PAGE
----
Erythromycin was the first macrolide used clinically. Newer examples include clarithromycin and azithromycin.

Mechanism of action

Macrolides act by blocking the 50s subunit of the bacterial ribosome which in turn inhibits bacterial protein synthesis.

Mechanism of resistance
  • Post-transcriptional methylation of the 23S bacterial ribosomal RNA

Adverse effects

  • Gastrointestinal side-effects are common. Nausea is less common with clarithromycin than erythromycin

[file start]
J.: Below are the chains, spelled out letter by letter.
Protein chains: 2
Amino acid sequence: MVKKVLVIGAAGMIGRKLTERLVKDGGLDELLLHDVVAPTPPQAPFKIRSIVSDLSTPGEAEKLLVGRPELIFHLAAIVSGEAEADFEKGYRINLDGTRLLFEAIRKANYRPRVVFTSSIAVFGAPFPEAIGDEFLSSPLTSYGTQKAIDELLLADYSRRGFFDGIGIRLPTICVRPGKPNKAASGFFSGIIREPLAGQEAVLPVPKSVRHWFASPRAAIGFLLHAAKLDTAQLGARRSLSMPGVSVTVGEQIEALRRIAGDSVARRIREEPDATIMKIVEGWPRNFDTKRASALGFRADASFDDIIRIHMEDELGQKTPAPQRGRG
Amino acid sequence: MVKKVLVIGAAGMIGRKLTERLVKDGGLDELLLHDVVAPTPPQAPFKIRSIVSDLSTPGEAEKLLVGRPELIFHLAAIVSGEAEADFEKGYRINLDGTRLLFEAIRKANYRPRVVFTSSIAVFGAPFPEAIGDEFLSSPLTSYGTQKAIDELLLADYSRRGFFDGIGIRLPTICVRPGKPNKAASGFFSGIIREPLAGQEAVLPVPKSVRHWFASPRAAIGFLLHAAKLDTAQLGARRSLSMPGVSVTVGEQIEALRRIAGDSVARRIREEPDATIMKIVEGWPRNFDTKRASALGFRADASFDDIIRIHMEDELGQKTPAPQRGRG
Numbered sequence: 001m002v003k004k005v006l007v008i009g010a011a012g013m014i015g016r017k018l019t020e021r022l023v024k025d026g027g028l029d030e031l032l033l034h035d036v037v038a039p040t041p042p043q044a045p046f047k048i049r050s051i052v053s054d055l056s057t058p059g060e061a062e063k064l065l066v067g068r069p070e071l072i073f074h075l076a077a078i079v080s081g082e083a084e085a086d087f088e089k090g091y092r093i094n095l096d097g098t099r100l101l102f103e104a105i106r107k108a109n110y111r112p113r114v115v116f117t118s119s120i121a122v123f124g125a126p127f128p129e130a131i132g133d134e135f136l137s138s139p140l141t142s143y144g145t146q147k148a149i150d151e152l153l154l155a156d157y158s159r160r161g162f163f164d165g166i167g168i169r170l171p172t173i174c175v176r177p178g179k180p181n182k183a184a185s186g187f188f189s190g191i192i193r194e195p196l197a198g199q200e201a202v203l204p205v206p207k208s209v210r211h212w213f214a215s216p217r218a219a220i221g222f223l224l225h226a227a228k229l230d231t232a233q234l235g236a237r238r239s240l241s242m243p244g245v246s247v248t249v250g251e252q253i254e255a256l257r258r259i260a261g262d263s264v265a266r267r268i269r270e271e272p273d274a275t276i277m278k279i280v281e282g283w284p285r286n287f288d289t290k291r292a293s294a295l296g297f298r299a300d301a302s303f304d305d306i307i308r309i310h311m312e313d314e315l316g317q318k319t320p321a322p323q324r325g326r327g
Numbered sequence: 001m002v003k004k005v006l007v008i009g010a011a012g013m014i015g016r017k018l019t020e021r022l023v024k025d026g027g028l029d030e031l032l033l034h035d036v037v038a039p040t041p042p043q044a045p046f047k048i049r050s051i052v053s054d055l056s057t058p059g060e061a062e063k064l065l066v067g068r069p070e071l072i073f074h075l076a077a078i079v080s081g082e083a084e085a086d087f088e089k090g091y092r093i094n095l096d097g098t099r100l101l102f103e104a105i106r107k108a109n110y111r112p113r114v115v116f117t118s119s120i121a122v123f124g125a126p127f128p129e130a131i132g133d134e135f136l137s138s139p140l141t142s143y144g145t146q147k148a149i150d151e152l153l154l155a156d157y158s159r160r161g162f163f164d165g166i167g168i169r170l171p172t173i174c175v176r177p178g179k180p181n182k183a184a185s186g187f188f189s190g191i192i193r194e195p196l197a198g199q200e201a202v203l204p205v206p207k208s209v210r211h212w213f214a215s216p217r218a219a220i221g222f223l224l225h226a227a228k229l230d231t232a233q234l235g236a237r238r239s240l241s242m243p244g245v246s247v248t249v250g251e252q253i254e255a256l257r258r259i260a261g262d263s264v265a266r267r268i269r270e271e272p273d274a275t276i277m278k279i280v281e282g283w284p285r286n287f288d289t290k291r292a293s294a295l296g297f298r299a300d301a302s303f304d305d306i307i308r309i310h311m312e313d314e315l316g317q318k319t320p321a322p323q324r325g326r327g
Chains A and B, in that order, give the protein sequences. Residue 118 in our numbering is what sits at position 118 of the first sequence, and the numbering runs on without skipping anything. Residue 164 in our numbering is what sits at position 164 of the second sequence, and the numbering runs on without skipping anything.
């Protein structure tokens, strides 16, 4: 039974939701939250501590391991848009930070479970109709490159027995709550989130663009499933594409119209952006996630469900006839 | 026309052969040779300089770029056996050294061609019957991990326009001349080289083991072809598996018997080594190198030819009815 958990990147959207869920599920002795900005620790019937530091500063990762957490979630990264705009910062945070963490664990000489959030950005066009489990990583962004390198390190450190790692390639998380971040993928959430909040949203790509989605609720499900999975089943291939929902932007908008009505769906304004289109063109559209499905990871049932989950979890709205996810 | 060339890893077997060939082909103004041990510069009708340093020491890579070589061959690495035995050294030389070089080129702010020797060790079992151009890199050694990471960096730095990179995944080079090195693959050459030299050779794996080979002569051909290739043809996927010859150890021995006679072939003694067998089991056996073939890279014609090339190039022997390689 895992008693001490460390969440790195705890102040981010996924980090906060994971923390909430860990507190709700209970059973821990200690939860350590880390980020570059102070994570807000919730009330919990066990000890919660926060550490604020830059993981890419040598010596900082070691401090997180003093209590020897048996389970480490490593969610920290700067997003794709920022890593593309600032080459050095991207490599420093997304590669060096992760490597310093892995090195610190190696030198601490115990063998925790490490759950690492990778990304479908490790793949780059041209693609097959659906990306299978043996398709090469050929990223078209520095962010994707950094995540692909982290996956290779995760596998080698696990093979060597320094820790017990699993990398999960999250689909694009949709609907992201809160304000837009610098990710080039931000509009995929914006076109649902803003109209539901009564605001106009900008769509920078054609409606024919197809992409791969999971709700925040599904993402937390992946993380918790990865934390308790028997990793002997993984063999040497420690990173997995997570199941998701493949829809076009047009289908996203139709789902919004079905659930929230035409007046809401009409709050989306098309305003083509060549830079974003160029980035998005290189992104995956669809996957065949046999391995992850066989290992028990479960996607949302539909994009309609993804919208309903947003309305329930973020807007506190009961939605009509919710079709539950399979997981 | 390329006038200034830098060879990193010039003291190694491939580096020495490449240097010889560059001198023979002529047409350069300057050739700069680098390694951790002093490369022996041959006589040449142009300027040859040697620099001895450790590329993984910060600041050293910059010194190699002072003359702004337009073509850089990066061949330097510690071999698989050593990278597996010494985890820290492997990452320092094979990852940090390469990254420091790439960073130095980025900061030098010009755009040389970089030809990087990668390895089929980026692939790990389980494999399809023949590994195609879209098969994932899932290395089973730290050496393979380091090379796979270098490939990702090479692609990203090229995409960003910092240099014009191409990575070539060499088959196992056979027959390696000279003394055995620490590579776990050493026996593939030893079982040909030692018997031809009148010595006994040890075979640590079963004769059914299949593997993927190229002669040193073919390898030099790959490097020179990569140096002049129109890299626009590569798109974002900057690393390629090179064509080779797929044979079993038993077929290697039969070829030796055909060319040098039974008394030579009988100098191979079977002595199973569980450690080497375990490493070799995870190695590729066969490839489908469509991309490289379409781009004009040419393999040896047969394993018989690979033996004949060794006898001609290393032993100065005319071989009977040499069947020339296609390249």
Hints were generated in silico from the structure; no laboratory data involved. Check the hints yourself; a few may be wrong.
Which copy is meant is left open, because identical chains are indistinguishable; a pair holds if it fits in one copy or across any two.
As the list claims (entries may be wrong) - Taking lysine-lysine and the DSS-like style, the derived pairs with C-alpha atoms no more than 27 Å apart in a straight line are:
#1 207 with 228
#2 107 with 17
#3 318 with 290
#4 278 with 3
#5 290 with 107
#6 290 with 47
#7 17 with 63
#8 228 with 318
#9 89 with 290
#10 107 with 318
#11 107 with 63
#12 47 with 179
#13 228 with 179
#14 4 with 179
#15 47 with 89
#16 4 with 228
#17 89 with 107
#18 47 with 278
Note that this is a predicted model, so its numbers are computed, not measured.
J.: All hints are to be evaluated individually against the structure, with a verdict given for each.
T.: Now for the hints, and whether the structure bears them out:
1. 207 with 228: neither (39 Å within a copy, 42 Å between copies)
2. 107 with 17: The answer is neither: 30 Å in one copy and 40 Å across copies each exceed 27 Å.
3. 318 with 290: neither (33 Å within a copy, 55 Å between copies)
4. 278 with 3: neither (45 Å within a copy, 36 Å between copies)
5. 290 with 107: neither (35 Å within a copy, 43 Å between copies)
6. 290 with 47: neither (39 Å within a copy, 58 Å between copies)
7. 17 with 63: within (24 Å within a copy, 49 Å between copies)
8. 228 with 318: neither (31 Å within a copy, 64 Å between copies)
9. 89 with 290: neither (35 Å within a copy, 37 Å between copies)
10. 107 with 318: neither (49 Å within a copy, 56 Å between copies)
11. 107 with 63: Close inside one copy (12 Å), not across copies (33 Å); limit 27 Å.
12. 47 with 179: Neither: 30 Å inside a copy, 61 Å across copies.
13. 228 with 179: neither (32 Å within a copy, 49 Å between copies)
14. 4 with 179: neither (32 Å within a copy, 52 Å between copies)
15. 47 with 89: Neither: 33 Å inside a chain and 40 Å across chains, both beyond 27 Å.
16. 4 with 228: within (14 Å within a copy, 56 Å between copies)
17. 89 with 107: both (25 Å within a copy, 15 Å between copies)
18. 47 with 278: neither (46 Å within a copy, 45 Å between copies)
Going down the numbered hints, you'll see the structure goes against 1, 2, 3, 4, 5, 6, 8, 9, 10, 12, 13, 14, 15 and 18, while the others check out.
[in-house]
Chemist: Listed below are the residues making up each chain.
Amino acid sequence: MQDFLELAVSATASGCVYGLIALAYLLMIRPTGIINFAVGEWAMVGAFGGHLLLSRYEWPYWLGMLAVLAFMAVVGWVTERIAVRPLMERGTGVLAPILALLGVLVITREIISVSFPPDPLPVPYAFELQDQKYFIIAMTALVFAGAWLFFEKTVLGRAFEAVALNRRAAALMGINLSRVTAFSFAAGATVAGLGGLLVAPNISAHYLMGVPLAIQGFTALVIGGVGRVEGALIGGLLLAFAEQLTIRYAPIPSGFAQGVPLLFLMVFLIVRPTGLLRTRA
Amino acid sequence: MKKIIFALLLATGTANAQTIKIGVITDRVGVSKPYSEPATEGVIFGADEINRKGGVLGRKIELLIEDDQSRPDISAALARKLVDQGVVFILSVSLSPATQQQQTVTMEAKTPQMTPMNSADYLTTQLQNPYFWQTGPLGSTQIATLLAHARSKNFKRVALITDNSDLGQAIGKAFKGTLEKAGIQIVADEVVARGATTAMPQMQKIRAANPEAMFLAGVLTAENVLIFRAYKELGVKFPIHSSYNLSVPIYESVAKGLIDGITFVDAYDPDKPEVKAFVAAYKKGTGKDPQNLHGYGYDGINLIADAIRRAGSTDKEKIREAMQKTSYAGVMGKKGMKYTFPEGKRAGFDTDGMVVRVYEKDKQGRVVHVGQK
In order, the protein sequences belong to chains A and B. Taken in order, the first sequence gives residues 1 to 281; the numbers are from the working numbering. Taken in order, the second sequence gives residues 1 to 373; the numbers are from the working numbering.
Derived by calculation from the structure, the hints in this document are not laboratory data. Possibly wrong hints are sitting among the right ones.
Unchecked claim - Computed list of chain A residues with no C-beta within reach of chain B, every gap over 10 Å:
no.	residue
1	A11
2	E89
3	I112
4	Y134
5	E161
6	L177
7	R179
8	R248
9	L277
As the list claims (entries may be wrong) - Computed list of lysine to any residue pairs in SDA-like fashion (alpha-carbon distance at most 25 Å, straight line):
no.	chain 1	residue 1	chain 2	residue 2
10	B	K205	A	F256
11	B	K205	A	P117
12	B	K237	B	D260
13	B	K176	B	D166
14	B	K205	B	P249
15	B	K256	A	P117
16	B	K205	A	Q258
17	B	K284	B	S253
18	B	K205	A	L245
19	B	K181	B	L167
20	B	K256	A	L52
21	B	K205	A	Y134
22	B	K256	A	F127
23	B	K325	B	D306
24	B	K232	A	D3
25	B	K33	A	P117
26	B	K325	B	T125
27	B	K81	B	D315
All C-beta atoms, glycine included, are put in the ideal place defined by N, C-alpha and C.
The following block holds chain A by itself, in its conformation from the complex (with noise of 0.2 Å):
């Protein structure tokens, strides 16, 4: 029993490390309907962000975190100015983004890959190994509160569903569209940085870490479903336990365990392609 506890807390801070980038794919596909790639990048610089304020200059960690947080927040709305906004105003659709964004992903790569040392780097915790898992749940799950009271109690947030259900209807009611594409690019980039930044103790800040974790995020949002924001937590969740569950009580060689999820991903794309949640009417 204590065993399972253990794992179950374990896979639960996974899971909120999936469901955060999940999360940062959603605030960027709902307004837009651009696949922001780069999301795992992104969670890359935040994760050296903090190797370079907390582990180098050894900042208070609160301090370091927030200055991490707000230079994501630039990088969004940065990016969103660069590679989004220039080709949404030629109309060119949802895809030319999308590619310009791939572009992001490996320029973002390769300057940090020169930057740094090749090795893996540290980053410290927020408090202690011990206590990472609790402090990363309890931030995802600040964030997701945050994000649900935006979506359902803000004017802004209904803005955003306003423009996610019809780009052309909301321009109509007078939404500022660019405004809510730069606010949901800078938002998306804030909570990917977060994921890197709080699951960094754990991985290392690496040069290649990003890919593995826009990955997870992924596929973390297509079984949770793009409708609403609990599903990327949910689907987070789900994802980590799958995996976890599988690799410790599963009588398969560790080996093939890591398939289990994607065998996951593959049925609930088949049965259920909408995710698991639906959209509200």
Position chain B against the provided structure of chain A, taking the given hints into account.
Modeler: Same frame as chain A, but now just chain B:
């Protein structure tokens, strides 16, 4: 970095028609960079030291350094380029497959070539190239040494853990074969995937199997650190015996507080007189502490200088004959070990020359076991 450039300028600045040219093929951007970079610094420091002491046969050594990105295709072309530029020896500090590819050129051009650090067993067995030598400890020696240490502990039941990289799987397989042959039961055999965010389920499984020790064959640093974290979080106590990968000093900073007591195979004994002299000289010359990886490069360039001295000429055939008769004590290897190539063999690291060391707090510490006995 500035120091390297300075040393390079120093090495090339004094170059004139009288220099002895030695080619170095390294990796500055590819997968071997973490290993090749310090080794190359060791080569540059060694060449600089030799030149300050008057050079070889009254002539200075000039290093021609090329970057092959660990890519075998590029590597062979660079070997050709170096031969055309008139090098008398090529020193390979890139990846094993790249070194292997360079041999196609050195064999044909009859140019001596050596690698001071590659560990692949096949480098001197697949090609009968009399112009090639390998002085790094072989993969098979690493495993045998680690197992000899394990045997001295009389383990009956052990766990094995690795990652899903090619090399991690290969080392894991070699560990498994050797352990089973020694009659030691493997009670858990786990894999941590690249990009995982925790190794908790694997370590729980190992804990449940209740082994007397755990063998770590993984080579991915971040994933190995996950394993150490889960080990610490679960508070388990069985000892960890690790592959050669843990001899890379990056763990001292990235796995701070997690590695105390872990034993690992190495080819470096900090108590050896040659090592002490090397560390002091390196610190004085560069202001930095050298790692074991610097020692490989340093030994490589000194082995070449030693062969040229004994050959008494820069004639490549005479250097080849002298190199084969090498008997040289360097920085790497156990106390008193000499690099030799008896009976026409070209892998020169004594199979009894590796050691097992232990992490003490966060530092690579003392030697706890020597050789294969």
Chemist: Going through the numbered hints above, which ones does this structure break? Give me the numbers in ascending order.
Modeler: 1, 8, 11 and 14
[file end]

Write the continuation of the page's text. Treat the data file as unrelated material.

• Cholestatic jaundice: risk may be reduced if erythromycin stearate is used
  • P450 inhibitor


Common interactions
  • Statins should be stopped whilst taking a course of macrolides. Macrolides inhibit the cytochrome P450 isoenzyme CYP3A4 that metabolises statins. Taking macrolides concurrently with statins significantly increases the risk of myopathy and rhabdomyolysis.